What is the Japanese Financial Services Agency (FSA)?
The Japanese Financial Services Agency (FSA) is the regulatory authority responsible for supervising the regulation of financial institutes. The financial institutes include banks, insurance companies, and credit firms. Originally, the FSA was known as the Financial Supervisory Agency, which was founded back in 1998 and later became the Financial Services Agency (FSA) in 2000. In Japan, after the Financial Reconstruction Act (FRA) was enacted in 1998, the Financial Reconstruction Commission (FRC) was created under it during the same year, in December. It was part of FRC’s duty to guide the Financial Supervisory Agency. Further, by July 2000, the old FSA reinstated into the new Financial Services Agency (FSA) and took over the FRC’s old functions during the following year. The FSA acts as the principal regulator, which means it is in charge of supervising Japan’s financial sector, including both large and small financial institutions.
What are the Main Functions of the FSA in Japan?
The Japanese Financial Services Agency (FSA), as dictated by the Prime Minister, has supervisory and regulatory authority over the financial firms, which also includes banks. It is part of FSA’s responsibility to ensure the stability of Japan’s financial system and that the bank’s depositors, investors, and policyholders are well protected from any kind of financial fraud. The job of FSA as an agency is to add order to the Japanese firm’s financial operations.
These functions are carried out by completing the following: strategic planning, framing policies for the financial sector, and inspecting and monitoring the private-sector FIs and banks. The planning and decision-making include rules that should be followed by FIs through legislation, such as the Banking Act, or the amendment of statutes and other regulations for businesses. Another establishment should be made for a steady financial system and the development of efficient markets so that the investors can conduct asset management and firms can raise better funds and capital.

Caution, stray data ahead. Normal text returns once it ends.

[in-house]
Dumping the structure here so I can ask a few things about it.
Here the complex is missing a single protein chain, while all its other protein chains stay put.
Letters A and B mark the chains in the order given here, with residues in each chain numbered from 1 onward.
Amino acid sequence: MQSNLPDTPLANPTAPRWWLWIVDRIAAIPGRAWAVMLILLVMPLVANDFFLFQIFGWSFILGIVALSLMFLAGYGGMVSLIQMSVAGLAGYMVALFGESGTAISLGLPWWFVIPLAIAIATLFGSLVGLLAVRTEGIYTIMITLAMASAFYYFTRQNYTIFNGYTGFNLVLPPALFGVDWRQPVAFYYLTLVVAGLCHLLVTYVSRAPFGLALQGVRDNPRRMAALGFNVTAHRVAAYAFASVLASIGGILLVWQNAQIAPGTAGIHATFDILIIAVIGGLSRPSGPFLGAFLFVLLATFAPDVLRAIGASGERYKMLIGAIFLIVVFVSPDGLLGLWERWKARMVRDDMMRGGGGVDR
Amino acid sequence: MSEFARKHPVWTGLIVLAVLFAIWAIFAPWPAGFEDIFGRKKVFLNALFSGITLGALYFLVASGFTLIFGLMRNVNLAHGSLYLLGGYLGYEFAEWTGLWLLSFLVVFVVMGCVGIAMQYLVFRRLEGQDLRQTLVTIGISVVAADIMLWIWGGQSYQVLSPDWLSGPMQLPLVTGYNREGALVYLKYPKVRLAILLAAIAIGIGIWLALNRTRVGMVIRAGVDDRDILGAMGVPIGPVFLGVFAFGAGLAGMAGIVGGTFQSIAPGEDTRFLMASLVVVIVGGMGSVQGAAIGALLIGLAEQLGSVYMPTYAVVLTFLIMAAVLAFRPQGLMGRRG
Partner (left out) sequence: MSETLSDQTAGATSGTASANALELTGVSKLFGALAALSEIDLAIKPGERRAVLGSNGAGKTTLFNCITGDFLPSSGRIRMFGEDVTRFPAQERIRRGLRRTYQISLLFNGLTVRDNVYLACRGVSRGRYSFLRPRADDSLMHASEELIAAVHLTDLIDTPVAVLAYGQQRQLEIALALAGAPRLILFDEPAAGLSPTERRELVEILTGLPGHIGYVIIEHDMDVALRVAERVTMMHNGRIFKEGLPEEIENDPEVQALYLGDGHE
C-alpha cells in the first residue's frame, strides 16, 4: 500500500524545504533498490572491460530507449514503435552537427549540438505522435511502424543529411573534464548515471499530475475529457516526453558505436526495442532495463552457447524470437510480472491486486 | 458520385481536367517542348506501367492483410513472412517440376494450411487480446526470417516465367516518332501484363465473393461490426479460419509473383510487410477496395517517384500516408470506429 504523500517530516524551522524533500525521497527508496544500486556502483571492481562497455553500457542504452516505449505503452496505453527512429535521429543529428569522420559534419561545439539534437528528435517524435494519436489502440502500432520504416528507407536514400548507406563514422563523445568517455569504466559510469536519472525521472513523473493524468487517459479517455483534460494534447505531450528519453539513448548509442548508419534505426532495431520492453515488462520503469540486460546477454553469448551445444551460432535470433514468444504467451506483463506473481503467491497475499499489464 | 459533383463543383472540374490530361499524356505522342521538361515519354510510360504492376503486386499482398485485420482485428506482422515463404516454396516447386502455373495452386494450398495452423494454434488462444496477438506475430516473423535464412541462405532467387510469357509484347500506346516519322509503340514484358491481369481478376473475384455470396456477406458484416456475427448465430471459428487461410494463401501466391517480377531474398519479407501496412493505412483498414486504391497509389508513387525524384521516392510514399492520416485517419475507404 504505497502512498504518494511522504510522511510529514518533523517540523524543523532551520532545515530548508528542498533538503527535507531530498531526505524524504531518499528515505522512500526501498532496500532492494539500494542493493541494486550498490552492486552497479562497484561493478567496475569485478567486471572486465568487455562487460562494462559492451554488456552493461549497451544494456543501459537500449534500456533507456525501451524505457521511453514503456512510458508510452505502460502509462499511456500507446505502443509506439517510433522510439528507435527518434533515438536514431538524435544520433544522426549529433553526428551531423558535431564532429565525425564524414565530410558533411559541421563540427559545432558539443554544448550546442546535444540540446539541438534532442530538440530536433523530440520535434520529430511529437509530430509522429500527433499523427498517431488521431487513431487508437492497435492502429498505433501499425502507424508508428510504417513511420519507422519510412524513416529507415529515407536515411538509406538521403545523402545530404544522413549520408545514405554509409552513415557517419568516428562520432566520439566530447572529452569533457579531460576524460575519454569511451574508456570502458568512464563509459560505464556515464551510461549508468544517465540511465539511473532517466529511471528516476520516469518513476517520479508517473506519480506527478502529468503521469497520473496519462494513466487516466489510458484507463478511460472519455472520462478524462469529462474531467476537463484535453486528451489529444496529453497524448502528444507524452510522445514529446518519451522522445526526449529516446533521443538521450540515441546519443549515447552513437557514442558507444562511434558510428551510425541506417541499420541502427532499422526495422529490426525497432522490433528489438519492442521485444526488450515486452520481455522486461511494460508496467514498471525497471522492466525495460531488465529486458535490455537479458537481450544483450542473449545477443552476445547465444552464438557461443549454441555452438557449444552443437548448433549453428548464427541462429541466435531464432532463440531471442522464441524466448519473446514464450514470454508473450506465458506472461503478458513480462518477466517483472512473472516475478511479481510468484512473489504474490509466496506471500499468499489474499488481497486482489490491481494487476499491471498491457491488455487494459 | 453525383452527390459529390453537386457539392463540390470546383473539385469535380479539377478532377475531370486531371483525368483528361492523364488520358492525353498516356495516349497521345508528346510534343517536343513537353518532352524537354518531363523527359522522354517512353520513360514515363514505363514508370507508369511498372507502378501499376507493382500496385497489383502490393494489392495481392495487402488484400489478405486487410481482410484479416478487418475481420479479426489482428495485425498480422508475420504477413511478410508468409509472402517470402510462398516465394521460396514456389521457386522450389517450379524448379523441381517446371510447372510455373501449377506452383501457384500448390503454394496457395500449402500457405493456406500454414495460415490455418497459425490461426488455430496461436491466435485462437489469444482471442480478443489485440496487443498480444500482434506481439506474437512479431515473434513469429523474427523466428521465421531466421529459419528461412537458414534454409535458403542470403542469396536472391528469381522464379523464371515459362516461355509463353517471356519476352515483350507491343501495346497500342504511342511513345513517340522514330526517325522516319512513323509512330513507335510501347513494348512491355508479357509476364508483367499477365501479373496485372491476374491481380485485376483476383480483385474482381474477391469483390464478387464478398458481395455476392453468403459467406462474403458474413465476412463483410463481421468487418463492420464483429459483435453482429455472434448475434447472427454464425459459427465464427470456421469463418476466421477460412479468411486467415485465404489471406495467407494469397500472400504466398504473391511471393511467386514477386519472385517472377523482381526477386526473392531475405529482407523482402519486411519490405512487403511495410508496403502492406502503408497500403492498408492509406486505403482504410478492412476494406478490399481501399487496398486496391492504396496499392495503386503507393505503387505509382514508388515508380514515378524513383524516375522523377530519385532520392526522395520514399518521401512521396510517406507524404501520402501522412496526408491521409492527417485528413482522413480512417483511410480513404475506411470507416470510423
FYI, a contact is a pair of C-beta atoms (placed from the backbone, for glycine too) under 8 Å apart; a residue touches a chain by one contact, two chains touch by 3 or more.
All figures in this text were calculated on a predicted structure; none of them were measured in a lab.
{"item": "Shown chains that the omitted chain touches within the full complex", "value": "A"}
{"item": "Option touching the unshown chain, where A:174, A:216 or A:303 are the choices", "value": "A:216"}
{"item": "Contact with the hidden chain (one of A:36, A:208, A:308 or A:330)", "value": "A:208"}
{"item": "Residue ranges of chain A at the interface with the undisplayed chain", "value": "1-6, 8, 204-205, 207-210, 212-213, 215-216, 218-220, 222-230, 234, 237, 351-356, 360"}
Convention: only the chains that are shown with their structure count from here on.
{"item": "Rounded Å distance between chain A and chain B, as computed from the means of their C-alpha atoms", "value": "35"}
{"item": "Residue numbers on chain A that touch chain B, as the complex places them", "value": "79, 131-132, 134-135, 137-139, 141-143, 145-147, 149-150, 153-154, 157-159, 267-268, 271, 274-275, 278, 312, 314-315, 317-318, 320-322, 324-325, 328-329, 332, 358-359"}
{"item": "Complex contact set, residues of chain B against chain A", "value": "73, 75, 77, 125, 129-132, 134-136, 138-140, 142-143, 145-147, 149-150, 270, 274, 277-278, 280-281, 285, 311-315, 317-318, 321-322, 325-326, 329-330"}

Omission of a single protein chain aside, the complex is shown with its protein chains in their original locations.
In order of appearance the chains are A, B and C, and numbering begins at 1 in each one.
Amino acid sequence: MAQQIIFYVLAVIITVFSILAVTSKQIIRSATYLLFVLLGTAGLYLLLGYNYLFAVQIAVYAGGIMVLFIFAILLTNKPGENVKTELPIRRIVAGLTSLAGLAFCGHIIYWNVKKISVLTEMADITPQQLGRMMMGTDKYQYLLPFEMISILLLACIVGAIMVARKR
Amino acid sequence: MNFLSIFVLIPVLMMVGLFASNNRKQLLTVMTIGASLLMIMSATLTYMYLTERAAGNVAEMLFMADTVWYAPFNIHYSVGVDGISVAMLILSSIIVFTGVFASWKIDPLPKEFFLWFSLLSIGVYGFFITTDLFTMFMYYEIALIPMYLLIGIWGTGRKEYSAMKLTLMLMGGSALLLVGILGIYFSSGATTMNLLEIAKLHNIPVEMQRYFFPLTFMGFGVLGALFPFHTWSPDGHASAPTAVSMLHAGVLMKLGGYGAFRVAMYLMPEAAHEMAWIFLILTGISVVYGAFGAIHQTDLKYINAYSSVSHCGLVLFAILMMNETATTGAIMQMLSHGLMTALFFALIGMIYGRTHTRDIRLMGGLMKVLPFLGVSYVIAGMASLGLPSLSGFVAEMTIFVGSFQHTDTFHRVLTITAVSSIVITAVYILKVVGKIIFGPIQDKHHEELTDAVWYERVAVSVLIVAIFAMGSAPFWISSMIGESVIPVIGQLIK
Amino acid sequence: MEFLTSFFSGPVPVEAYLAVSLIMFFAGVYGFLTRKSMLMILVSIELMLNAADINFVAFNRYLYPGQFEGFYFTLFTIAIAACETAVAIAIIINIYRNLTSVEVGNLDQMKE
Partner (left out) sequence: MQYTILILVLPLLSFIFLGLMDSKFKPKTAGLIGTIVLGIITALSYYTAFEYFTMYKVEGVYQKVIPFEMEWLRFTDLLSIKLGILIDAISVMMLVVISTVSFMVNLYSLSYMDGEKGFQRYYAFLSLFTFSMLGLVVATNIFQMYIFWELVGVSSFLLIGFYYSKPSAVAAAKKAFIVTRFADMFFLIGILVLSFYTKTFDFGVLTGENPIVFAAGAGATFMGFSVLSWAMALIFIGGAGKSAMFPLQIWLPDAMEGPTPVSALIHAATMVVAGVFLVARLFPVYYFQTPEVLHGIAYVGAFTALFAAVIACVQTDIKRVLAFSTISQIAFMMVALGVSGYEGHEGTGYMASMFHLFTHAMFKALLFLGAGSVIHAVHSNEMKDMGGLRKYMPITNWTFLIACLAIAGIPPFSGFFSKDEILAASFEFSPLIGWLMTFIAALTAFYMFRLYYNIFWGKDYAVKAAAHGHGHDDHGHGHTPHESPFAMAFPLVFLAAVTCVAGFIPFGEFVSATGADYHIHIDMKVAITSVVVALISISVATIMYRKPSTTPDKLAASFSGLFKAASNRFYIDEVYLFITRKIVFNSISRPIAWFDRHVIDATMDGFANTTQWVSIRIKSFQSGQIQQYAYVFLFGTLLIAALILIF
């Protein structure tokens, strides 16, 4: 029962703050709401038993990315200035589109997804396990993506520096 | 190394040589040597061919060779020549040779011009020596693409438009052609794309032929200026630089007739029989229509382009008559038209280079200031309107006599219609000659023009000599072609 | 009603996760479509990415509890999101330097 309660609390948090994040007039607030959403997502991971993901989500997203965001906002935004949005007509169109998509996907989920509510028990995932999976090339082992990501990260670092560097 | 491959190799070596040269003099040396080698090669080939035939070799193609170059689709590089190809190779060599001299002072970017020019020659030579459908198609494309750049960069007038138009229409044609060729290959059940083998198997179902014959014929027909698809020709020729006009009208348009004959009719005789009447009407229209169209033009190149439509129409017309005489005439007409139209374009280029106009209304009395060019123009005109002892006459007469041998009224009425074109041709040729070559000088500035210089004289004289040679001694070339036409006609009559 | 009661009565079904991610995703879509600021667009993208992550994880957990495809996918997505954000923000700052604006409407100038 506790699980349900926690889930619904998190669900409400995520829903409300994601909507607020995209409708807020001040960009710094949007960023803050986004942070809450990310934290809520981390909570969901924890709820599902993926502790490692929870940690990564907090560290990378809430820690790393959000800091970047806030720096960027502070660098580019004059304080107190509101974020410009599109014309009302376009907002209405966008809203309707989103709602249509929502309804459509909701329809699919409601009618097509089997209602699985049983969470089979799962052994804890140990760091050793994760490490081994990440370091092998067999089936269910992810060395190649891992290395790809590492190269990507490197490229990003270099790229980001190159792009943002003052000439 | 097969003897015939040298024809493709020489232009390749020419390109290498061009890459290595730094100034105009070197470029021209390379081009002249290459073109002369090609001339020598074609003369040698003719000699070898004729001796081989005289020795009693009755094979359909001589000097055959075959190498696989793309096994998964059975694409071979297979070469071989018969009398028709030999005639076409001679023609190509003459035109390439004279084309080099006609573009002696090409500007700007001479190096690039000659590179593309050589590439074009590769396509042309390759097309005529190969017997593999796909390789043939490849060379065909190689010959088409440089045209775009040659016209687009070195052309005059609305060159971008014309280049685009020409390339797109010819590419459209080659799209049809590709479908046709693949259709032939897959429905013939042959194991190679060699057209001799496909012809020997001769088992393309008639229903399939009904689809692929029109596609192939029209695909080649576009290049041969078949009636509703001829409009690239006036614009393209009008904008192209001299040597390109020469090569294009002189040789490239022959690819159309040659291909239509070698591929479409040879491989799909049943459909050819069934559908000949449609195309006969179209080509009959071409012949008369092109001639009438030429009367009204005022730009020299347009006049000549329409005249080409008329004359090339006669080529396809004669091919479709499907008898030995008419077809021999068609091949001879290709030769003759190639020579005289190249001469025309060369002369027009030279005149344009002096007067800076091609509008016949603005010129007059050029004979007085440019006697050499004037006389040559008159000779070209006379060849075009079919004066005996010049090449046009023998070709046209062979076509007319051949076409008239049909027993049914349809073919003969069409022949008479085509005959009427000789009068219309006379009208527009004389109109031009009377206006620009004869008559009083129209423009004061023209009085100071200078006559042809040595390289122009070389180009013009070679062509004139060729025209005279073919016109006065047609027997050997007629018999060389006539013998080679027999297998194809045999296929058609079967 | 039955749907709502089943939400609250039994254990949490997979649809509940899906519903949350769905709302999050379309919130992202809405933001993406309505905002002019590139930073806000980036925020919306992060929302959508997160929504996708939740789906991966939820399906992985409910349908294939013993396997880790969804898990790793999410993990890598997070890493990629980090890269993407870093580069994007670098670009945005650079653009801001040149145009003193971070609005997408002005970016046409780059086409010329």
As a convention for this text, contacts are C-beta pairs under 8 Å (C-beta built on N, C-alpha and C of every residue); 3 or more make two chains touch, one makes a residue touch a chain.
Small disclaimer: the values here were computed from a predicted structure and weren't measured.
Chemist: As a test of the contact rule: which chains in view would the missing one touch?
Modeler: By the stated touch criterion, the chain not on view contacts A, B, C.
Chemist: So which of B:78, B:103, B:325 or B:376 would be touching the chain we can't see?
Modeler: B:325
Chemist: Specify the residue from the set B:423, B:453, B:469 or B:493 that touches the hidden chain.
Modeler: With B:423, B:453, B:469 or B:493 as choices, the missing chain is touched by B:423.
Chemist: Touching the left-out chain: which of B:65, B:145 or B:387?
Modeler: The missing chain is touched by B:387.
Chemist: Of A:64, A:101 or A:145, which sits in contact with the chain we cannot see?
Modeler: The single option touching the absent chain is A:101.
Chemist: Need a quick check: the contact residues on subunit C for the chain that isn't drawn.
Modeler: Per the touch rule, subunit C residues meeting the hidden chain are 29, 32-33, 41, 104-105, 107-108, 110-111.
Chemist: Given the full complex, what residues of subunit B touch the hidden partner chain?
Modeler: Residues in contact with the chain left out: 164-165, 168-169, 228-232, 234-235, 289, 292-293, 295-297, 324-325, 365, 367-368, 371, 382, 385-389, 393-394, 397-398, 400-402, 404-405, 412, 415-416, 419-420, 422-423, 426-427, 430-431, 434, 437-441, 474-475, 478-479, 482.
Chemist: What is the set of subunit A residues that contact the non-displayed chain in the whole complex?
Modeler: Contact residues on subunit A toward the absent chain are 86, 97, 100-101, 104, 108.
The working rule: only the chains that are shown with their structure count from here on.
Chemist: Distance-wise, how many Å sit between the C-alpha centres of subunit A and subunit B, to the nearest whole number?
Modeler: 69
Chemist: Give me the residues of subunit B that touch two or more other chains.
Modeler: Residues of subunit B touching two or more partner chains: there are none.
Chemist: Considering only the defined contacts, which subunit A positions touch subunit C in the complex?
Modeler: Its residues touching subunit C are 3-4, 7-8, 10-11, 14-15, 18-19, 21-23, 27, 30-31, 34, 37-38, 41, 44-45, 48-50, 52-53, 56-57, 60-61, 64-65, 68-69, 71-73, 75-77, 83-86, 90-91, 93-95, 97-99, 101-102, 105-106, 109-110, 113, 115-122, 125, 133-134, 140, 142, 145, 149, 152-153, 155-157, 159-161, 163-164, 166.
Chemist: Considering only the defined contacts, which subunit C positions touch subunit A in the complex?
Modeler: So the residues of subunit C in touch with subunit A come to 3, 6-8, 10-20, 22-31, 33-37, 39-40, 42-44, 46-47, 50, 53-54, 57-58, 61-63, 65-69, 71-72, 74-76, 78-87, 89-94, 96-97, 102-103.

Under the Banking Act, the Financial Services Agency (FSA) requires financial institutes to report their status of business activities and improve upon their management. Along with this, it can also ask the firms to suspend their businesses - partly or wholly, as a necessary action that ensures supervision. A set of guidelines have been published by the FSA to ensure the supervision of financial institutes, including banks. The guidelines are separate for banks smaller in size or regional FIs.
What are the FSA Regulations for Japan AML?
In Japan, the firms need to ensure the soundness of the financial system for which each entity or FI is required to establish and maintain solid risk management which is appropriate to the firm’s operations and standards. The FIs are required to implement certain measures to combat ML/TF, which is relevant to the changing global affairs and the evolving actions of the FIs against their external conditions. The firms are supposed to maintain effective risk management for ML/TF. This means that they need to identify and assess any potential risks instantly and effectively. This includes the risks related to customer’s operations and mitigates the risk with an appropriate risk-based approach. The ML/TF risk management process is a central function of the Financial Action Task Force (FATF) 40 Recommendations, which for some time, has been a part of different countries’ AML regulatory procedures. The financial institutes of Japan must establish a risk-based approach as a minimum standard for having effective procedures. The following are the certain measures that firms need to abide by in order to eradicate ML/TF: